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5 Reasons for Why Your Child Hates Writing Assignments -- and How to Solve Them

Dec. 6, 2016

All it takes is a little creativity, patience and a whole lot of practice.

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As a former college English instructor and a writing tutor, I've seen it all in terms reluctant writers. From “my mom thought it was junk mail and put my essay in the paper shredder," to the student who rips up an almost finished essay and throws it across the room, I know that even the mere thought of a writing assignment can cause kids to freeze up, stress out, and come up with a million excuses.

Writing, like anything else, is a muscle that needs to be worked—and with a little commitment, anyone can improve. It's just a matter of teaching some tricks of the trade, boosting self-esteem, and practicing

Here are some of the top complaints I've heard from students over the years, and some tried and true solutions.

1) “I Don't Have Anything to Say"

Kids often have plenty to say on a particular subject in conversation, but when faced with the blank page, they become completely unable to move their pens. Just writing an opening sentence feels impossible.

Solution: Brainstorming

It's best to step away from the actual essay writing in these cases, and do some thinking first. Open-ended questions like, “What do you already know about this topic?" and “What do you want to know?" can get the juices flowing. Much of this can happen verbally; you can teach your child how to commit these ramblings to paper, either as notes, or as part of a formal outline. Visual learners may start out with “story maps," which graphically organize their essay.

2) “I Won't Be Able to Make It Perfect"

Lots of kids feel pressure to render perfect essays on the first try, not realizing that almost no writers are able to pull that off.

Solution: Freewriting

Give them a notebook, or a piece of scratch paper (so it doesn't feel like anything “official"), and let them just spill some thoughts on the page about their topic. This alleviates the pressure to come up with a finished product on the first try, and will usually generate some ideas that can be included in the final product. For kids who simply do not want to write down a word, you can have them draw their ideas, record their ideas into an iPad or other recording device, or act their ideas out as a dialogue or skit.

3) “It Takes Too Long"

Many kids feel writing takes an inordinate amount of time and focus. They wish writing had one quick answer like a math or science problem, and they feel impatient as soon as they sit down to write.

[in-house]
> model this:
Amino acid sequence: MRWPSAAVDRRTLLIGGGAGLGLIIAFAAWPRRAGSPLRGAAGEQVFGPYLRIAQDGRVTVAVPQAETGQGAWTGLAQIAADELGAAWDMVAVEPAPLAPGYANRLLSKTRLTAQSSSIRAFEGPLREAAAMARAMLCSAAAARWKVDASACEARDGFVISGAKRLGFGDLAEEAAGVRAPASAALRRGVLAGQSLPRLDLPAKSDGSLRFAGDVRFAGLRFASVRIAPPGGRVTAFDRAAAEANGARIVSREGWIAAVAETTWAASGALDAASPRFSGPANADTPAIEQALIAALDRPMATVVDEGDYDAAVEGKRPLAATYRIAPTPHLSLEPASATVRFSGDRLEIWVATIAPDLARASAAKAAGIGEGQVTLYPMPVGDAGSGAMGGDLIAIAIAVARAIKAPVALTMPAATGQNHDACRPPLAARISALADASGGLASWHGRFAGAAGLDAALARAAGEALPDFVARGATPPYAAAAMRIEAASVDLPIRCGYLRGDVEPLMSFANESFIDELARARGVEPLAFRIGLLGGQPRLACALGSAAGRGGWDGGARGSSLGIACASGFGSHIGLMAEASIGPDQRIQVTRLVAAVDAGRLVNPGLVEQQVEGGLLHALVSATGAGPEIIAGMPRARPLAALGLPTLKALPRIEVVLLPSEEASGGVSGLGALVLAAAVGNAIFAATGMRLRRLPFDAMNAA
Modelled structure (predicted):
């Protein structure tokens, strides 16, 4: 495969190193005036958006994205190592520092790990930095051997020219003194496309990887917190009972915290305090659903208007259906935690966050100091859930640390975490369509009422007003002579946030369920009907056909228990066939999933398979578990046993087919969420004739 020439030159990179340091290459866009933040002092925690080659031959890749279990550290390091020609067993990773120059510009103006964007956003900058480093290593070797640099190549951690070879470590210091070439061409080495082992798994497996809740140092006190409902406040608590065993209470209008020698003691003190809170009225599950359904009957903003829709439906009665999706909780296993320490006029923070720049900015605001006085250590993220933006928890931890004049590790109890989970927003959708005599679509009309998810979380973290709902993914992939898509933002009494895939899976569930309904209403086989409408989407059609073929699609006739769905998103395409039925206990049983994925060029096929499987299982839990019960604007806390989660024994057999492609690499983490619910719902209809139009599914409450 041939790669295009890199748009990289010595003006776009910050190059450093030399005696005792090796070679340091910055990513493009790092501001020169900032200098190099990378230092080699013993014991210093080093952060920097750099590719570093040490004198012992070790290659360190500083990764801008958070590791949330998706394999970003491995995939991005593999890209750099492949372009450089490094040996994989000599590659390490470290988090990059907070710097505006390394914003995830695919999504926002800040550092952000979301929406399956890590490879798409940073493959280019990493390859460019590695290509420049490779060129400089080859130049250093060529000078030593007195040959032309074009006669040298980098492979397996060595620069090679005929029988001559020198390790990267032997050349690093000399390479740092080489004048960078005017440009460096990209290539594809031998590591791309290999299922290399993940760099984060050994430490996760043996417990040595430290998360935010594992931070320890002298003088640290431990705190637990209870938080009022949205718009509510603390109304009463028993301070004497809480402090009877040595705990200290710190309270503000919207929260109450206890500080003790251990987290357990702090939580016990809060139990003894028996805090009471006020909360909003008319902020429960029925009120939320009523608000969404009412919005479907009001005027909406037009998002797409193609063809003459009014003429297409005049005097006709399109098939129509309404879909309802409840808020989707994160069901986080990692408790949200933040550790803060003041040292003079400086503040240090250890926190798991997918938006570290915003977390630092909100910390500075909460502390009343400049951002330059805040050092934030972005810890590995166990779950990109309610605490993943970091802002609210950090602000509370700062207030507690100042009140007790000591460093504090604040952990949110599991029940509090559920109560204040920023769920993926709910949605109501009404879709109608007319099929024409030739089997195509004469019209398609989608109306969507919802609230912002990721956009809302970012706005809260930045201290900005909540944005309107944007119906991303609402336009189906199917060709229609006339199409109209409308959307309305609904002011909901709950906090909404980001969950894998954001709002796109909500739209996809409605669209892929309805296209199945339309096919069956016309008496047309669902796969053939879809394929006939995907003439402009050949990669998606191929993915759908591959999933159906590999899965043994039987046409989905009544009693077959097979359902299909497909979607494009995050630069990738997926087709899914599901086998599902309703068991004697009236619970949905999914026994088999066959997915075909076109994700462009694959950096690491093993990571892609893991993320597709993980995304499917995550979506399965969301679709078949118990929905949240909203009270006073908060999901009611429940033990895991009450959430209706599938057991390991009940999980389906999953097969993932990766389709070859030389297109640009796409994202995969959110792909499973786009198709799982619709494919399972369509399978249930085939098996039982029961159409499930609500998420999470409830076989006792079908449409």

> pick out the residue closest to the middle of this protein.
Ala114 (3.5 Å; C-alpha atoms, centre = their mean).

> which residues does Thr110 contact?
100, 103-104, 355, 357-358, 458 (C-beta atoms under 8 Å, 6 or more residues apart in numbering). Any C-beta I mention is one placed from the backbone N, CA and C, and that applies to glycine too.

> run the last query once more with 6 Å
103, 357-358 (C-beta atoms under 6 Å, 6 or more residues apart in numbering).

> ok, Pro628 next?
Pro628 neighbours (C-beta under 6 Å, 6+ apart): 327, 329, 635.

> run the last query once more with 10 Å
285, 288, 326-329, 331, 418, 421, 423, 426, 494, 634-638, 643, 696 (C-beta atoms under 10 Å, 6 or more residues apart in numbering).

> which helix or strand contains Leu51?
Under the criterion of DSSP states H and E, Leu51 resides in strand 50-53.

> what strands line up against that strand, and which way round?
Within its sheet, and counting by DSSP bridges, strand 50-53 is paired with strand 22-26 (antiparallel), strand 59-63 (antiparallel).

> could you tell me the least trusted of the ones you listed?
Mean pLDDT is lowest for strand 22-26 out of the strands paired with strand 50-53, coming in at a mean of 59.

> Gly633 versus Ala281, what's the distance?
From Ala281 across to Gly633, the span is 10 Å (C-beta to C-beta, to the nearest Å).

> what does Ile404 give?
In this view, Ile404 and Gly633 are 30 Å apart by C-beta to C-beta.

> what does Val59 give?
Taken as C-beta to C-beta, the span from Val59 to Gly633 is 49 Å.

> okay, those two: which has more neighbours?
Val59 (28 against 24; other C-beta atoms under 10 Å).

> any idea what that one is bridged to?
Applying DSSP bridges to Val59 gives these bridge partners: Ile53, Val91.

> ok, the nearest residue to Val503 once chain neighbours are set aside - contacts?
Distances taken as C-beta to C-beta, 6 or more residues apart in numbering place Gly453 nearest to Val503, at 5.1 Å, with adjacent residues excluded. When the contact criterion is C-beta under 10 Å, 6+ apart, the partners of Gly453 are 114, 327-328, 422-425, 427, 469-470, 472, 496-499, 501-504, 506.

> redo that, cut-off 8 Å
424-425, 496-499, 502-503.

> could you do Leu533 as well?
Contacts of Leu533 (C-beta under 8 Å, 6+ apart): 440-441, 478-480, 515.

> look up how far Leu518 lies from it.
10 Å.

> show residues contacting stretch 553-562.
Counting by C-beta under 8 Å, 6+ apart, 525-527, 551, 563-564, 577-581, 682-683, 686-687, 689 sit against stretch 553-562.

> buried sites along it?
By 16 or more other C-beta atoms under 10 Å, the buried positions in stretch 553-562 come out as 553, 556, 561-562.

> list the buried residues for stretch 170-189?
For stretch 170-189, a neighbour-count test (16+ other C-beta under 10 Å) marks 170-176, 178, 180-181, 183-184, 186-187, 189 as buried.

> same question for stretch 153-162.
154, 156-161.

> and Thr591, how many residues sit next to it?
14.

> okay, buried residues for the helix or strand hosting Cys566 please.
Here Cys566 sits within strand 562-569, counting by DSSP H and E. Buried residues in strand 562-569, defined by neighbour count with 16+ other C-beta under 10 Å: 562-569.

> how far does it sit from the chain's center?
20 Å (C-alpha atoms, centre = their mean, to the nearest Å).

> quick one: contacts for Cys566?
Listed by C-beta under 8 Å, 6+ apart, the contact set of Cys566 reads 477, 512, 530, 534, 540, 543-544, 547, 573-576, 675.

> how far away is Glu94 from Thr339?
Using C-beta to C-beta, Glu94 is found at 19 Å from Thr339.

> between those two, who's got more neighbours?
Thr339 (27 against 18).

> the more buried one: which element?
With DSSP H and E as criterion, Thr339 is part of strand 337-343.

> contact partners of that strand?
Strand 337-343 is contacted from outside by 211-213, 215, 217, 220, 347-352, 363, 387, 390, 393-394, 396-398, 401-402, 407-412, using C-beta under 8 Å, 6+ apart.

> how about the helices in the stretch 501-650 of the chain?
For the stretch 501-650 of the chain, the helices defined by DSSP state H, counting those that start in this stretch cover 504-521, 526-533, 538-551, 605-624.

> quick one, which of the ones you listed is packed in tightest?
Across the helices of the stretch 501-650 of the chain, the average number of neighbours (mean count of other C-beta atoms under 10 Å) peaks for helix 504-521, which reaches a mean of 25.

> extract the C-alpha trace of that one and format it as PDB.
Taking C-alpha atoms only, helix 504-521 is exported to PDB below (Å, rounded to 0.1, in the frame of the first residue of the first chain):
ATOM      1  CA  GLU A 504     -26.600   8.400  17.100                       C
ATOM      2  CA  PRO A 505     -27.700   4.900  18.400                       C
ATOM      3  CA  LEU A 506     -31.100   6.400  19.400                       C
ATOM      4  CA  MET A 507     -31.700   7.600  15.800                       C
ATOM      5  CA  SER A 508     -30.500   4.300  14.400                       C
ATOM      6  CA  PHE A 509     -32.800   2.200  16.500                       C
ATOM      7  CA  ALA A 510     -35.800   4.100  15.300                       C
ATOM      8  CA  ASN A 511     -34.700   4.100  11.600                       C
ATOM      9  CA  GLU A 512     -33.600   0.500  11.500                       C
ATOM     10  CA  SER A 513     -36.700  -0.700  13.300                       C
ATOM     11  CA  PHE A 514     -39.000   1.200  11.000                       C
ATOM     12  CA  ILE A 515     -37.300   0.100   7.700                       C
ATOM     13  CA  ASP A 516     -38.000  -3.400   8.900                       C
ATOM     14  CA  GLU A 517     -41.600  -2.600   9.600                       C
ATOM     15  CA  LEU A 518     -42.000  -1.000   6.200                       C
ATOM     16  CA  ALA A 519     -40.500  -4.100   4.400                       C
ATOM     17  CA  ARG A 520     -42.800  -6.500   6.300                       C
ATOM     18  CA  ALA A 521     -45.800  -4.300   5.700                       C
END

Solution: Break it Down!

If kids feel they must write an entire essay in one sitting, it can absolutely feel overwhelming. But essay writing should not be presented that way, and should always be seen as a multi-step process. Break the essay down into manageable units (usually “Intro," “Body," and “Conclusion" or some variation of that formula), and then spend one writing session on each chunk, rather than completing the essay in one or two jam-packed hours.

4) “Writing Is Boring!"

One of the biggest complaints kids have about writing is that it isn't interesting.

Solution: Creative Writing Side Projects

Do creative writing projects on the side—unrelated to assigned work—to help students fall in love with writing. Have them write in the voice of their favorite TV character, or write mini-memoirs. Teach them that writing is not just "on-the-page." Engage students in all the media venues that incorporate writing (theater, music, internet, advertising, etc.), and have them try their hand at these forms of self-expression.

5) “I'm Not Good at Writing"

Even being told once that you aren't good at writing can leave a lasting impression.

Solution: Build on Strengths

Probably the most important way to help boost the self-confidence of a reluctant writer is to find points of personal connection. In my years as a tutor, my primary role was a cheerleader. Just having one person (and sometimes it's best when this isn't a family member!) who is there for every achievement (and stumble) can make a world of difference. One way to connect is to take things “off the page" and talk about a child's personal interests, then find ways to transform that into writing they can feel proud of. For example, if a child expresses a love of sports, but hates writing, have them write commentary on the latest football game. Encourage them to share the commentary with friends and family, and watch them light up when they realize that what they wrote is meaningful and exciting to others.

What have you done to help a reluctant writer? Share below!

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